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We define a *prediction* as
a statement that a certain process, referred to as a *test*
comes to a *successful end*, i.e.
to a certain, specified in advance, stage, after which
we simply do not care what happens to the process.
The prediction that a test `T` is successful will be denoted as `T!`.

We define formally a generalized model as anything
that produces one or more predictions.
When we speak of producing predictions, we have in mind, of course,
some objects that represent predictions, e.g. texts in a certain
language which enable us to reproduce the process that the prediction
is about. The objects representing processes are referred to
as their *objectifications* (see).

Formally, we can fit our general concept of prediction into the frame
of the modeling scheme, if we even further expand the range of possible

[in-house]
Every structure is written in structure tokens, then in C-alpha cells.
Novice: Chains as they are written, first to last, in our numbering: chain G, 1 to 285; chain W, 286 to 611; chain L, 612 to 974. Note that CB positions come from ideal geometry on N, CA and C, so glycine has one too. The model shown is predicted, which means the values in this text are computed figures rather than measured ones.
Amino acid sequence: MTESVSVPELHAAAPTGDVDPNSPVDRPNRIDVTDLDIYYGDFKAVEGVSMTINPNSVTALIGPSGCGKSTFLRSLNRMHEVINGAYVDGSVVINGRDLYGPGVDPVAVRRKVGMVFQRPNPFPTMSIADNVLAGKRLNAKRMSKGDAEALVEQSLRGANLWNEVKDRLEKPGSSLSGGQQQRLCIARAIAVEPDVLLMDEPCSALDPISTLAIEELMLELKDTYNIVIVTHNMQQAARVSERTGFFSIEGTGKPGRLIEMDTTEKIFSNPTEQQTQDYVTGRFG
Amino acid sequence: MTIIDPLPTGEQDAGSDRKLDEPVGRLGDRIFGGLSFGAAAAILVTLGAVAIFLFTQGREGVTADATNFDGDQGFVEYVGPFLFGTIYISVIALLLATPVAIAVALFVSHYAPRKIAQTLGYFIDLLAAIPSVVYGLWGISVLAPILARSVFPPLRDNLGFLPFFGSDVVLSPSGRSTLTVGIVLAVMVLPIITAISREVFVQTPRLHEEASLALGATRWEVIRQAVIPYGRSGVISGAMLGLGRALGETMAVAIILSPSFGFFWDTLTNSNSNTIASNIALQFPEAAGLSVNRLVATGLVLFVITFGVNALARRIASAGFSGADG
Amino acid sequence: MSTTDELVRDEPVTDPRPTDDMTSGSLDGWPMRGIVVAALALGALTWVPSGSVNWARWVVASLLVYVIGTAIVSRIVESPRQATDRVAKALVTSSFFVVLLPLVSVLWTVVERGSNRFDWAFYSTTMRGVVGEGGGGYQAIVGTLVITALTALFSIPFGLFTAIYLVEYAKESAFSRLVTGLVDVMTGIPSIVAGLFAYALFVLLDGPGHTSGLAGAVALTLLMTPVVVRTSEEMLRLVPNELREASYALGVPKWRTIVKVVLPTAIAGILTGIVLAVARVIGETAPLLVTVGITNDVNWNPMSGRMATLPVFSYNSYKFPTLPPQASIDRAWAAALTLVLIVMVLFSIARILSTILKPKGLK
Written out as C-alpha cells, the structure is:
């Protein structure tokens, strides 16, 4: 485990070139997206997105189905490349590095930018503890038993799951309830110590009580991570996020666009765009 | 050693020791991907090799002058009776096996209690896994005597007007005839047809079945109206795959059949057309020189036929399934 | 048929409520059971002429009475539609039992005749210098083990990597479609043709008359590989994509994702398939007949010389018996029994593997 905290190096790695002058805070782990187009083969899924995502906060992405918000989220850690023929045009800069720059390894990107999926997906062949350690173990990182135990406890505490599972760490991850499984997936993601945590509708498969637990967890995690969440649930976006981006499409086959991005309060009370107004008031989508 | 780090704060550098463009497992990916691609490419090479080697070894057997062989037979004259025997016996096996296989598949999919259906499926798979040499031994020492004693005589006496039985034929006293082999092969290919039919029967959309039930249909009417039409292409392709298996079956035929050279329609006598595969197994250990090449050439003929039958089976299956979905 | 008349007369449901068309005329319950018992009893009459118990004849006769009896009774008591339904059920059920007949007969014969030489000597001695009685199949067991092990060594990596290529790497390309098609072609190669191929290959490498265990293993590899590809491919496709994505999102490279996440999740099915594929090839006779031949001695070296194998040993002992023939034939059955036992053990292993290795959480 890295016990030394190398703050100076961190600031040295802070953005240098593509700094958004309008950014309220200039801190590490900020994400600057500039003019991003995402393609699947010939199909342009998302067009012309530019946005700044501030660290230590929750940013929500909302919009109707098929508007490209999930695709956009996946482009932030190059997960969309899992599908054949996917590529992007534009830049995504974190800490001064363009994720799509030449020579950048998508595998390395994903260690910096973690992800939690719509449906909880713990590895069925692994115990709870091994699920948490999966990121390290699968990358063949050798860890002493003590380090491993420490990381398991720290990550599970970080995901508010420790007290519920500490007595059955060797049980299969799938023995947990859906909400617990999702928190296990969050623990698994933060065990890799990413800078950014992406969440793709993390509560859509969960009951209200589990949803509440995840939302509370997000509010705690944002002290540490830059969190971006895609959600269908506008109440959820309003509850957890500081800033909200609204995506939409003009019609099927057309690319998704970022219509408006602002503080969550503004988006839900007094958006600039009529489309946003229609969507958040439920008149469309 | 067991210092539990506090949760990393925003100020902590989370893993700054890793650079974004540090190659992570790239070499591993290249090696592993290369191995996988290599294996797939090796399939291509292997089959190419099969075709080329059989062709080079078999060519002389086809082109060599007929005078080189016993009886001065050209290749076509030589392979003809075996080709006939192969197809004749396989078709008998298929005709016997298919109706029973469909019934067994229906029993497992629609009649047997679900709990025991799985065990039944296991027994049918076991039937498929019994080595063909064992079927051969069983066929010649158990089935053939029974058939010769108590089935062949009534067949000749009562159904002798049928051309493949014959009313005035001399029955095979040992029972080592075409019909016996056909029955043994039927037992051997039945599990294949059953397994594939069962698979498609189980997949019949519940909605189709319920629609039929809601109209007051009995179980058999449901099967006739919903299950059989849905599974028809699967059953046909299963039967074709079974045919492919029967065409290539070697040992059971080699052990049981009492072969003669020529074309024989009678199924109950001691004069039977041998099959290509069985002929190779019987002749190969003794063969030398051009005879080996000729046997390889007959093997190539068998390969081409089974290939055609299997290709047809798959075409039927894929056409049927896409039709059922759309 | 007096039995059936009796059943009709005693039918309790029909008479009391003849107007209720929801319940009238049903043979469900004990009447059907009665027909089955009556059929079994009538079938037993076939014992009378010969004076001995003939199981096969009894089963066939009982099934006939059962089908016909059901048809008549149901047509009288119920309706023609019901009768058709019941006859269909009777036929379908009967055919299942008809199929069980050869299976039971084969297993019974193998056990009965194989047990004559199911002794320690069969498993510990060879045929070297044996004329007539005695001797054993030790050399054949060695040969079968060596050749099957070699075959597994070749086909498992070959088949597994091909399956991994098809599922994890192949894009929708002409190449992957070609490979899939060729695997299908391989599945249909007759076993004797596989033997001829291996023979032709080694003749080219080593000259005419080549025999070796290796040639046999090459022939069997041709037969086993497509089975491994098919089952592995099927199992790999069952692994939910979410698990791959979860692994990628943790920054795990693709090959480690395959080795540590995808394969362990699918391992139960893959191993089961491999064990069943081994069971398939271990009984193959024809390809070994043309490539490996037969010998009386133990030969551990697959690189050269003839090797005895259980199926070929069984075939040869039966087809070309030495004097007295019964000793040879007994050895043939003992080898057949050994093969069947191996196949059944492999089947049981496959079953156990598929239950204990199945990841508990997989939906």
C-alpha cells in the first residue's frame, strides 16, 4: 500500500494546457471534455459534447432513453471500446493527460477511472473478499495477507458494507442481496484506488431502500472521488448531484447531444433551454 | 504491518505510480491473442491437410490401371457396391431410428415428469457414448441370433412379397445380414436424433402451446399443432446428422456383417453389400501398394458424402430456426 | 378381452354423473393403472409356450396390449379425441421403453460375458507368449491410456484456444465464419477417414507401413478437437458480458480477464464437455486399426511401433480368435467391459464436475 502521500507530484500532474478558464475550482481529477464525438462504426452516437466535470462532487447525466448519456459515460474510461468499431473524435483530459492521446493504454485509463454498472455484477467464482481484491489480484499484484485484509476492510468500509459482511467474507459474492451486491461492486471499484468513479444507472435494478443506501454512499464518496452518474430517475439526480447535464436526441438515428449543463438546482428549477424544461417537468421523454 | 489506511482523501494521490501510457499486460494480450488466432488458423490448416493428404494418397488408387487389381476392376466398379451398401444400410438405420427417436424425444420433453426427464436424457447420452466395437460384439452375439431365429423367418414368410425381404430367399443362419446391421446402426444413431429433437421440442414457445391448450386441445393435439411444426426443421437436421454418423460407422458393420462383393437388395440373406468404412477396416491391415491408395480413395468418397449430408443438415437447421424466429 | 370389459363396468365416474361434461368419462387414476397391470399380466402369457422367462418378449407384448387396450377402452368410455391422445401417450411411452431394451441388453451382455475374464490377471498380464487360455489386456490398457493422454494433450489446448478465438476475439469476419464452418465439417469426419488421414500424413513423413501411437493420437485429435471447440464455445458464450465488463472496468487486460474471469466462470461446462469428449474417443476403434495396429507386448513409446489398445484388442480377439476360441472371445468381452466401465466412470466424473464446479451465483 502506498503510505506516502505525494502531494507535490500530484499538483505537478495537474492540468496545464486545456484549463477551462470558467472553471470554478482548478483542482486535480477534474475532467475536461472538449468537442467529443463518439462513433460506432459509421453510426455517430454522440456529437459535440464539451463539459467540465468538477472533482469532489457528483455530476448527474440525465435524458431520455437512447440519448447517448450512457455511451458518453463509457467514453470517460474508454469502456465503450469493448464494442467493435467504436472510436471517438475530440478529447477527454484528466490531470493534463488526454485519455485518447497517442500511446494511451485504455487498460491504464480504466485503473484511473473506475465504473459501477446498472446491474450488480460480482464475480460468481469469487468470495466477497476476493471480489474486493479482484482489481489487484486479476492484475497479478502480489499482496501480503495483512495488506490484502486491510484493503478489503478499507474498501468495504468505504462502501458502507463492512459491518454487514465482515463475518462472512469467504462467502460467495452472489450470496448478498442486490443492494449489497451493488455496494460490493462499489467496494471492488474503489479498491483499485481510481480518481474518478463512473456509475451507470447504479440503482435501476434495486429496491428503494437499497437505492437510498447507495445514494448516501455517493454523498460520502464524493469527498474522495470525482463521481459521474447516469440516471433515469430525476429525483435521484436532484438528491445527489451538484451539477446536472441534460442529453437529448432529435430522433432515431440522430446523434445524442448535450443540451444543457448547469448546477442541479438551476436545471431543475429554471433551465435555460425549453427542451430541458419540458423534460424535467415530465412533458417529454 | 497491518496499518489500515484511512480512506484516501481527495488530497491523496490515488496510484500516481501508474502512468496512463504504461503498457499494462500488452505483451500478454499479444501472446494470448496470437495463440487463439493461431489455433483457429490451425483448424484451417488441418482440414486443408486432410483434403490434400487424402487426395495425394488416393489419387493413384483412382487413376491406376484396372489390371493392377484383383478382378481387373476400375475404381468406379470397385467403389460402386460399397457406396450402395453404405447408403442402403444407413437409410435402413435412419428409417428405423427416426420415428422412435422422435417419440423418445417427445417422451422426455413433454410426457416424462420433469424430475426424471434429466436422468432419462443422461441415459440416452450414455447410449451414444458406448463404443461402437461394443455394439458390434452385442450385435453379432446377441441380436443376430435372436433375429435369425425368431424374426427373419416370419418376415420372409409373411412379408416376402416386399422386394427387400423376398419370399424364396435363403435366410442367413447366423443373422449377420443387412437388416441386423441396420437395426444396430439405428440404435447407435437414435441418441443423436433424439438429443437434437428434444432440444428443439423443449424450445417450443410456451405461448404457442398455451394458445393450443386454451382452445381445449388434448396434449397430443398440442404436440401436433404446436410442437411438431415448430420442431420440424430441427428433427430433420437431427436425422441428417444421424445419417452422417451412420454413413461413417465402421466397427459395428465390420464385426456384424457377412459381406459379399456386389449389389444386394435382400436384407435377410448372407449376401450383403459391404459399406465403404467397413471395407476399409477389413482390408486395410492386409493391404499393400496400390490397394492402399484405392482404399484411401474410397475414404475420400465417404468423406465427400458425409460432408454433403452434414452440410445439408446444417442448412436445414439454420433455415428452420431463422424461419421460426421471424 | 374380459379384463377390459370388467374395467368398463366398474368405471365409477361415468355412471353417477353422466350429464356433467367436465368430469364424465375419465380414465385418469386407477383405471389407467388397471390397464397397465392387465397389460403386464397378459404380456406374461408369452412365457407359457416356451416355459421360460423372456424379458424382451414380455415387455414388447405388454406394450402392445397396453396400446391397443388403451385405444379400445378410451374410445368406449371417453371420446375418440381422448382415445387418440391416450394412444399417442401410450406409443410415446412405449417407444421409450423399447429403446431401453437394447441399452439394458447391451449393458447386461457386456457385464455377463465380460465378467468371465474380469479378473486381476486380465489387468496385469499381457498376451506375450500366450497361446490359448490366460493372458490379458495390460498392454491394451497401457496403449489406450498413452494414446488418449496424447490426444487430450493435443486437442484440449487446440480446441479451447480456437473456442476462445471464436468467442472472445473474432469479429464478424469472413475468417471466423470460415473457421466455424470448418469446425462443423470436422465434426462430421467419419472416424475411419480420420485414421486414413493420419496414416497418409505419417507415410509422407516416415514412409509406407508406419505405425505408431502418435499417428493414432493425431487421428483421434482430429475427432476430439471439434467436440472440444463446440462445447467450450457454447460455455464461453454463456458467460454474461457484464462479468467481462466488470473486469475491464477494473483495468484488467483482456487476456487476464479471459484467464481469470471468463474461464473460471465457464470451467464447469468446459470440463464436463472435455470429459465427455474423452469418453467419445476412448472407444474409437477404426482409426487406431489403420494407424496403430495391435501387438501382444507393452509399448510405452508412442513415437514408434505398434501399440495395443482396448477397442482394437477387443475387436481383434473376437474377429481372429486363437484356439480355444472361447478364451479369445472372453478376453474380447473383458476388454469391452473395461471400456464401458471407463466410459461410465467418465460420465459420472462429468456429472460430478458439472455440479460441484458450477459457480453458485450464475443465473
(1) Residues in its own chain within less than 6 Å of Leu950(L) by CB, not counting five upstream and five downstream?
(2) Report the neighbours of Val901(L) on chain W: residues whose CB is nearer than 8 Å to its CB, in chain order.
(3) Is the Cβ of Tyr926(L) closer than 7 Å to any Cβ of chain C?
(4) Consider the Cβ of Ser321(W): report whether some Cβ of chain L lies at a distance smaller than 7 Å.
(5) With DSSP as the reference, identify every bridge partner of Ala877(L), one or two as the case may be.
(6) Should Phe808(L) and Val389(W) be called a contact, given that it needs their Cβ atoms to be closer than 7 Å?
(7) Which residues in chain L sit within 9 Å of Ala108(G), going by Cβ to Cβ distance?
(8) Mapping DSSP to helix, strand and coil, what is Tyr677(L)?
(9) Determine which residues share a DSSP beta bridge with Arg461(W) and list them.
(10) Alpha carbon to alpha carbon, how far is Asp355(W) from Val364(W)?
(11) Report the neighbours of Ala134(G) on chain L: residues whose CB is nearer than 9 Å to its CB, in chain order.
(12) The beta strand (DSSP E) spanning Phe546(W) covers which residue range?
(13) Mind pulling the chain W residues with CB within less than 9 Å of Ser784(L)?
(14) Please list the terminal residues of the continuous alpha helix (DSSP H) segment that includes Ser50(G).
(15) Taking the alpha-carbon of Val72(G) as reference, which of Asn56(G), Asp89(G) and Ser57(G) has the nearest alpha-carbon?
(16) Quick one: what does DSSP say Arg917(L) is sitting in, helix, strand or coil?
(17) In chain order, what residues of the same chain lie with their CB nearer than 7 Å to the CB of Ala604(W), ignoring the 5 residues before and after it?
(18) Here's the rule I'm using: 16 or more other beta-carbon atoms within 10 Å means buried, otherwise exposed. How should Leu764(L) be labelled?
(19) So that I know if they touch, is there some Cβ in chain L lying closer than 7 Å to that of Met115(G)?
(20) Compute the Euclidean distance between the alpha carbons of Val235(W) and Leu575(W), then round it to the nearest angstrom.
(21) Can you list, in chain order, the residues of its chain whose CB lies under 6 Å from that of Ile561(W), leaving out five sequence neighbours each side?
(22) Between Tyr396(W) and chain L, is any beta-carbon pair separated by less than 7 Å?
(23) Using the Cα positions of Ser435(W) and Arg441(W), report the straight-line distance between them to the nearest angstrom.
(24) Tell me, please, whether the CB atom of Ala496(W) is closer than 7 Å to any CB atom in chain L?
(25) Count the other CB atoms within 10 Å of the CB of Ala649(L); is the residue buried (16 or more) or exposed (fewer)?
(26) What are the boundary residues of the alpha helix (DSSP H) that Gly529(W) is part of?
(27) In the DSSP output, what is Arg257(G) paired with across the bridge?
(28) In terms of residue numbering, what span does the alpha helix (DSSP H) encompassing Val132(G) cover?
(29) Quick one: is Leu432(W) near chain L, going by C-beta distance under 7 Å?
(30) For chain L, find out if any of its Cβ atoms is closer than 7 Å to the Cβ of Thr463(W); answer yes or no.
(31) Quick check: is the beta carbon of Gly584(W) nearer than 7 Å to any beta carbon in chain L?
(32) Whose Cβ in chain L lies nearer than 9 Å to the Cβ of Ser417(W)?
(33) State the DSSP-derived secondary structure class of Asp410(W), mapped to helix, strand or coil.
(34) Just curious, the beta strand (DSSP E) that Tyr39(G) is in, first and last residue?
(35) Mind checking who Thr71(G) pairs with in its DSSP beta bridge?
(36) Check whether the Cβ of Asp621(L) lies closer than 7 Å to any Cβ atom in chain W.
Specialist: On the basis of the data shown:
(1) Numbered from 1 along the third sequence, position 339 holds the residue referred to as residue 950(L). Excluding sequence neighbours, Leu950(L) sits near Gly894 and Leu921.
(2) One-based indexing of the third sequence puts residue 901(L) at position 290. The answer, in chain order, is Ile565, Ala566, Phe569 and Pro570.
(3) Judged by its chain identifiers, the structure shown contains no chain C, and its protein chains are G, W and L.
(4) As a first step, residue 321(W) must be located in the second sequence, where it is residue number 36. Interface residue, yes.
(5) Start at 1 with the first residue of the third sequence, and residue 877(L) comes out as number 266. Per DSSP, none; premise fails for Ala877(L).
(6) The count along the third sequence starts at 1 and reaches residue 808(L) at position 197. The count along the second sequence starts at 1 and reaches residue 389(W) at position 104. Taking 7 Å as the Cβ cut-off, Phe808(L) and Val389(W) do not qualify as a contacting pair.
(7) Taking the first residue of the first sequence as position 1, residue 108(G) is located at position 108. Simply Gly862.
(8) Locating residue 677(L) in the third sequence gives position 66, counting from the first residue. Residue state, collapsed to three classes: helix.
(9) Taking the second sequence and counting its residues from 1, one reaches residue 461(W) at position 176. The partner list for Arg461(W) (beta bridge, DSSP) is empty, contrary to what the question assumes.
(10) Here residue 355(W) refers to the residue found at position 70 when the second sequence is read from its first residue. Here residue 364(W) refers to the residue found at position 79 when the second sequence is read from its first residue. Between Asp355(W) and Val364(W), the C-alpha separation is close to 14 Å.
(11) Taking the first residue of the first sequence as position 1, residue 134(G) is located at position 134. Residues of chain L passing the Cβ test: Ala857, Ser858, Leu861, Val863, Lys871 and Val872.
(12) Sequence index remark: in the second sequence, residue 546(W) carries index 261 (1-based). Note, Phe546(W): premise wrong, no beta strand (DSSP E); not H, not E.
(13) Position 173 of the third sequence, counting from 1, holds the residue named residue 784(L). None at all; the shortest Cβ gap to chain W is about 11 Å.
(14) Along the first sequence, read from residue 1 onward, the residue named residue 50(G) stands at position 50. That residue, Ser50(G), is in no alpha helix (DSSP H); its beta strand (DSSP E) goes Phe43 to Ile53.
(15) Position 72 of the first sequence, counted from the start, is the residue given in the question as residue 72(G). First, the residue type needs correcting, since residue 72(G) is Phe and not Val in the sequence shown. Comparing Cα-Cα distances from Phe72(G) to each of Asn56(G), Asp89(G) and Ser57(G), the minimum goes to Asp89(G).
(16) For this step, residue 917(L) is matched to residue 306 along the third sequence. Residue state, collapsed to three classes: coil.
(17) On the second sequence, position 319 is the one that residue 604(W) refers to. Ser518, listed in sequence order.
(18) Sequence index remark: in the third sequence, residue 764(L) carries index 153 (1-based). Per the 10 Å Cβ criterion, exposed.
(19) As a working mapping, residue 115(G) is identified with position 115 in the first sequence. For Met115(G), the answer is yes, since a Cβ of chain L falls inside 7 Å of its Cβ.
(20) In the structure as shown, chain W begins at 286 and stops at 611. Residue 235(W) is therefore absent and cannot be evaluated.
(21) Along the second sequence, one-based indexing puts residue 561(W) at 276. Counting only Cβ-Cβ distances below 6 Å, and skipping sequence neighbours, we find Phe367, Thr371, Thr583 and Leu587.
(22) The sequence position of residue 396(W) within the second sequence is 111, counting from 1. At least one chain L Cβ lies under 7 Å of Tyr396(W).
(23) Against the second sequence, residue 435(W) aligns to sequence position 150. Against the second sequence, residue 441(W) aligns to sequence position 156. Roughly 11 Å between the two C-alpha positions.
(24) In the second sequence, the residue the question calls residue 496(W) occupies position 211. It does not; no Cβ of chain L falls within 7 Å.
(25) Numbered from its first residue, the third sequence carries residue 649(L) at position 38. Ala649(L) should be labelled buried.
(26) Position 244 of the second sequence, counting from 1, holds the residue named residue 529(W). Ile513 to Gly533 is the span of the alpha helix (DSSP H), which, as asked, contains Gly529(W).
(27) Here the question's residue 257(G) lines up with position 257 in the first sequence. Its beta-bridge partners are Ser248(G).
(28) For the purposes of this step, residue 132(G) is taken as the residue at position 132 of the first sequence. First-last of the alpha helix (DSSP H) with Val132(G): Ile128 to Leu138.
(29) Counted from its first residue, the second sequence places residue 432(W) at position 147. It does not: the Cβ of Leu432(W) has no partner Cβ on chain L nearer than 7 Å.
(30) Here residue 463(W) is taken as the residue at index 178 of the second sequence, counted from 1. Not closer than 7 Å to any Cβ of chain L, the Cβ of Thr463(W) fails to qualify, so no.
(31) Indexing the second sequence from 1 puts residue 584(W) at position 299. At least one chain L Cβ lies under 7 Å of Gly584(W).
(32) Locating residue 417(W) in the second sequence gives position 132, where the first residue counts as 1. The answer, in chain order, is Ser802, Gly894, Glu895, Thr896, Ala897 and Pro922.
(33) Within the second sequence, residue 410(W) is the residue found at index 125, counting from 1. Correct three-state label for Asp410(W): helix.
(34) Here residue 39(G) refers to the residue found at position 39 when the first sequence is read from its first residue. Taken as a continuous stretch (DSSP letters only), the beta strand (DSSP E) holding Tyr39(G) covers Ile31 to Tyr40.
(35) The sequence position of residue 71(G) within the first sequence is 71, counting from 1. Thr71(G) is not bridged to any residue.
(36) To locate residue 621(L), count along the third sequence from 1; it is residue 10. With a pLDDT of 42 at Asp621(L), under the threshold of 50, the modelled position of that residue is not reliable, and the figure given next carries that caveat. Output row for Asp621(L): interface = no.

actions `a`, namely, allow for `a` being an arbitrary process which may
include both actions of the *subject* of the model,
and any other actions and processes.
Let the brain of the subject be always found in one of only two states,
let them have the names *True* and *False*. The representation
function `M_a(w)` will result in *True* if `w` is the end state of
the process `a` which succeeded, and *False* otherwise.
The modeling function `M(r)` will be universal and very simple:
it immediately produces the object True. Now the model we built makes
exactly one prediction : that the process `a` ends in success.

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